In 1942, Backus joined the Navy, and aboard ship and later when recuperating from wounds in a naval hospital, continued to sketch and paint as much as possible. When the war was over he did paintings of the Florida Everglades that became some of his trademark work. He received commission work, especially from a winter visitor named Arthur De Yo, but few persons to that time outside of Fort Pierce knew of the talents of Albert Backus. In 1949, he decided to try to enhance his reputation and began exhibiting and selling his work in Miami, which much increased his name recognition.
In 1951, Backus married Patsy, who died several years later at age 29 during open-heart surgery. He, apparently devastated and with no children, changed from being a moderate drinker of alcohol to excessive, and problems of alcoholism and depression began that affected the remainder of his personal life.
Although, rewards from his art talents continued, he, at the urging of friends concerned about his grief-ridden lifestyle, spent time in the Caribbean in order to regain mental stability. In 1957, he set up a studio in Port Antonio, Jamaica, and remained there for several years until local politics forced him back to Florida.
In the next two decades his career skyrocketed, continuing through the 1970s despite his ever-increasing eyesight problems and despite his dependence upon an ever-nearby bottle of rum.
The Backus studio in Fort Pierce became a gathering place for aspiring artists and also for friends seeking stimulating conversation, for Haitian refugees, troubled local kids whom he housed, and for bus-loads of tourists. He hated "pleasant" conversation, stating that "I'd rather be a liar than a bore". (Backus Museum). Reportedly he could hold forth on almost any topic ranging from personal finance, through politics, philanthropy and religion. He spoke of the virtues of Christianity but alternated between atheism and agnosticism. He was known for his annual Halloween parties, always integrated by race and age, and ever featuring the recent artwork of his students known as the Backus Brats.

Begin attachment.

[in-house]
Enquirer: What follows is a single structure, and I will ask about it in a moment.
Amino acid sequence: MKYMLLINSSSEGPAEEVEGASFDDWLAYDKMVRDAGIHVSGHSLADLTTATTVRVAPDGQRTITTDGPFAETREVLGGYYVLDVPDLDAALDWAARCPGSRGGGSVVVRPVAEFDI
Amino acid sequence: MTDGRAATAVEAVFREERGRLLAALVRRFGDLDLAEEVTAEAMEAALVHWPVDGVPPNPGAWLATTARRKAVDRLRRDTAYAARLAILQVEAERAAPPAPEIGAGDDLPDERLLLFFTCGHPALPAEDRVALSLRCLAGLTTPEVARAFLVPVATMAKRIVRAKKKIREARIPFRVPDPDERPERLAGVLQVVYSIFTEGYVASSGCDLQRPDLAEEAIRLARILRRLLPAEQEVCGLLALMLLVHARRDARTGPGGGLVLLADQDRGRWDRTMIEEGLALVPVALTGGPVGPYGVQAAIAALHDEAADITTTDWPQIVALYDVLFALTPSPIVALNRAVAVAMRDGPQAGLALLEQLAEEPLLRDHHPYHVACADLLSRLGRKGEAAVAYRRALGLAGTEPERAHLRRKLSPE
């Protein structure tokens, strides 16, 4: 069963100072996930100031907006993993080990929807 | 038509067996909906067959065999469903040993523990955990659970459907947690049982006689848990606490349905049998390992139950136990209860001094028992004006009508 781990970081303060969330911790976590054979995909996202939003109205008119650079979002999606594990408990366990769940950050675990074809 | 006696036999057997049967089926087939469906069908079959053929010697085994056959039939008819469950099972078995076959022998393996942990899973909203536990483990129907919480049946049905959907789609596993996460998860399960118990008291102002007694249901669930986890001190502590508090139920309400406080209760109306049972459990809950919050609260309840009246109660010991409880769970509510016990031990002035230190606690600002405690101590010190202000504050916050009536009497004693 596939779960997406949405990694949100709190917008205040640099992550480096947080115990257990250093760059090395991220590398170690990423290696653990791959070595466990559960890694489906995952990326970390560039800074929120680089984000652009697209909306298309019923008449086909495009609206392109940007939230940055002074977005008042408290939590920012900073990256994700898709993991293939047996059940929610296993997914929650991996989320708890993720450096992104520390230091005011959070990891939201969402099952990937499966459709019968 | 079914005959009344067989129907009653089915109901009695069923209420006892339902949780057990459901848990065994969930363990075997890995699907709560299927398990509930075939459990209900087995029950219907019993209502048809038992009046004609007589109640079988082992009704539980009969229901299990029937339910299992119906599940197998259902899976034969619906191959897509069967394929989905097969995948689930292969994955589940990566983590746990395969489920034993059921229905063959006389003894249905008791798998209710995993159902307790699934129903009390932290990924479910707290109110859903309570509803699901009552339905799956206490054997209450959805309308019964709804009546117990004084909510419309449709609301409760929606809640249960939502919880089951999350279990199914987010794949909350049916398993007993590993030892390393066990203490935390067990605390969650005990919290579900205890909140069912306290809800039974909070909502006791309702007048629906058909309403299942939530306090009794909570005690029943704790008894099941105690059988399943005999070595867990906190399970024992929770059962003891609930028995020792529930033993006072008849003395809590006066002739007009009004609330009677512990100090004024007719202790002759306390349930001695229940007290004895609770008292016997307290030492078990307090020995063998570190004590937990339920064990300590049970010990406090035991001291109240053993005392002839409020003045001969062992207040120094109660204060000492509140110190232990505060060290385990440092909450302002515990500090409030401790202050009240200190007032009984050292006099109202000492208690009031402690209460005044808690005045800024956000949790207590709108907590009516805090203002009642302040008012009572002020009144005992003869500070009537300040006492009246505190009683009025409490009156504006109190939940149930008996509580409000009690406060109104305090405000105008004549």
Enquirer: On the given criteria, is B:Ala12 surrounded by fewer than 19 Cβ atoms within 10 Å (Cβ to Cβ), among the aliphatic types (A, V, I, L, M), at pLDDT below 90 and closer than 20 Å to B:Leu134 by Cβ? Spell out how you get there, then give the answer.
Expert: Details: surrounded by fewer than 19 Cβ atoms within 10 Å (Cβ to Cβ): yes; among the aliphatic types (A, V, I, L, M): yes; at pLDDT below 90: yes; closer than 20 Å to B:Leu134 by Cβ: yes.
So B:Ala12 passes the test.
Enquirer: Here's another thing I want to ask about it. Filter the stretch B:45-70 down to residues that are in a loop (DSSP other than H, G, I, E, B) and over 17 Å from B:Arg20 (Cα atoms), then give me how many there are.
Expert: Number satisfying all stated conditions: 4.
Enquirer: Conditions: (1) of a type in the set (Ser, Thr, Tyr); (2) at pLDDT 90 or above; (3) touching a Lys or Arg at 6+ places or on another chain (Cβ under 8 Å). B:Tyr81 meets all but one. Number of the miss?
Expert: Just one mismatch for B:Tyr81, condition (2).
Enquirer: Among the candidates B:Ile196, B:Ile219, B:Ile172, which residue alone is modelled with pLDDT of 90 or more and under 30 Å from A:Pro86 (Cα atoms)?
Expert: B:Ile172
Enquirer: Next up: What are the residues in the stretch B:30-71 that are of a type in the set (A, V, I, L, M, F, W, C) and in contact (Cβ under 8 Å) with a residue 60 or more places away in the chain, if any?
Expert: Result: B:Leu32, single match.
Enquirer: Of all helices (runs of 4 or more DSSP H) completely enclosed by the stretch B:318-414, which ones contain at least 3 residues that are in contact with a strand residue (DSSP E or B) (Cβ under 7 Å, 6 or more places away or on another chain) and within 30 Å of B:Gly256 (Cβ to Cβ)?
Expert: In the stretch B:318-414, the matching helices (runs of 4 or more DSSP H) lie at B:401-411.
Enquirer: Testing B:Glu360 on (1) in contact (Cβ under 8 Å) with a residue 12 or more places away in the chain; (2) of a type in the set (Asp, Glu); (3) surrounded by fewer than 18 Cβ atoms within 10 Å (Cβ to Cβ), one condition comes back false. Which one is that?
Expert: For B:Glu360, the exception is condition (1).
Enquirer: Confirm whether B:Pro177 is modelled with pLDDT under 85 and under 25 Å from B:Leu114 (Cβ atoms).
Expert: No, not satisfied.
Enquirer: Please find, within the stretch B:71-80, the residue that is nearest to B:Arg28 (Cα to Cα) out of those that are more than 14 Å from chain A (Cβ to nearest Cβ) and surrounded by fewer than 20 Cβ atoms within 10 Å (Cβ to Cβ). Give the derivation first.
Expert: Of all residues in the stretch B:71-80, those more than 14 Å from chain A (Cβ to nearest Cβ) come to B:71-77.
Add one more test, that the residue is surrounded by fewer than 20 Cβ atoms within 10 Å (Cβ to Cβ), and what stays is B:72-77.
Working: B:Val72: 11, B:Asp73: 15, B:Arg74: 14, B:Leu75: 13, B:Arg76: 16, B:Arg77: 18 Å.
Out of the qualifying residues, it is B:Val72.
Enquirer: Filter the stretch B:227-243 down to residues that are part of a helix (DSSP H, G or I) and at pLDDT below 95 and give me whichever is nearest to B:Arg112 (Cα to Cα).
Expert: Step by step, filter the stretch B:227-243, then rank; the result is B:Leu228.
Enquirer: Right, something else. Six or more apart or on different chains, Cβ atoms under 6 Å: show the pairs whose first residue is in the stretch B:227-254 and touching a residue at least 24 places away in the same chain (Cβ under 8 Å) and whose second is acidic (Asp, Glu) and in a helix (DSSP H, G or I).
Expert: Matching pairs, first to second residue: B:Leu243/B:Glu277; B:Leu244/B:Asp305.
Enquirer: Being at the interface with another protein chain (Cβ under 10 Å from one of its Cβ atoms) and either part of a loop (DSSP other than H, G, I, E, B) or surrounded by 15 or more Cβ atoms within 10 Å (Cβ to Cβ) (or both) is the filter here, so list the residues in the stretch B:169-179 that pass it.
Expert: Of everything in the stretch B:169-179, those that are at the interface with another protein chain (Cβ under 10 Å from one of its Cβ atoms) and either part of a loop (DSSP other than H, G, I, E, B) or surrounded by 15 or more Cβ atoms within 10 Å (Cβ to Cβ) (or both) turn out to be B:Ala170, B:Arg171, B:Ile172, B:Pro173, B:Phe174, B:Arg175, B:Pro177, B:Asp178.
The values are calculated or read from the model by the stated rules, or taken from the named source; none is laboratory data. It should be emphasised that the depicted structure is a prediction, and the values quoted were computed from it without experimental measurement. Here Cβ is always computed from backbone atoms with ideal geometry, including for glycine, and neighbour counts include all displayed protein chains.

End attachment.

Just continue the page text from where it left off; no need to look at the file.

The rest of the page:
In those years, his lifestyle was a combination of personal creativity, gregariousness and modest day-to-day existence with old appliances, and only one air conditioned room, his studio where he most likely was playing recorded music of Duke Ellington. Backus donated generously to charities and paid for the academic art education of numerous young people he thought deserving.
Of this ever-outreaching man and much-admired artist, Unitarian minister, Charles Lelly, wrote in 1969: "Here is a man who gives of himself, of his time, and of his love. He gives to the rich, to the poor, and to the in-between. He takes in the destitute or homeless and takes care of their needs until they are able to stand alone. He never knows whether another man is white, black, yellow or red. He only knows that man is a person. He has the courage to be firm when necessary, yet is always tender...understands and loves, but rarely passes judgment...puts himself last and everyone else ahead." (Backus Gallery)
Albert Ernest Backus died at age eighty four of heart failure on June 6, 1990. His studio, at the corner of Avenue C and Second Street in Fort Pierce, is maintained as the Backus Gallery where the doors to his "gabled house with the turquoise shutters are wide open, a sure sign that the artist is in residence. . . .On a typical day, you could find the man with the shock of silver hair and the guyabera shirts in one of three places: In the kitchen cooking; sitting on a wrought-iron chaise lounge reading the paper; or standing at his easel, preserving Florida's vanishing beauty on canvas (Backus Museum)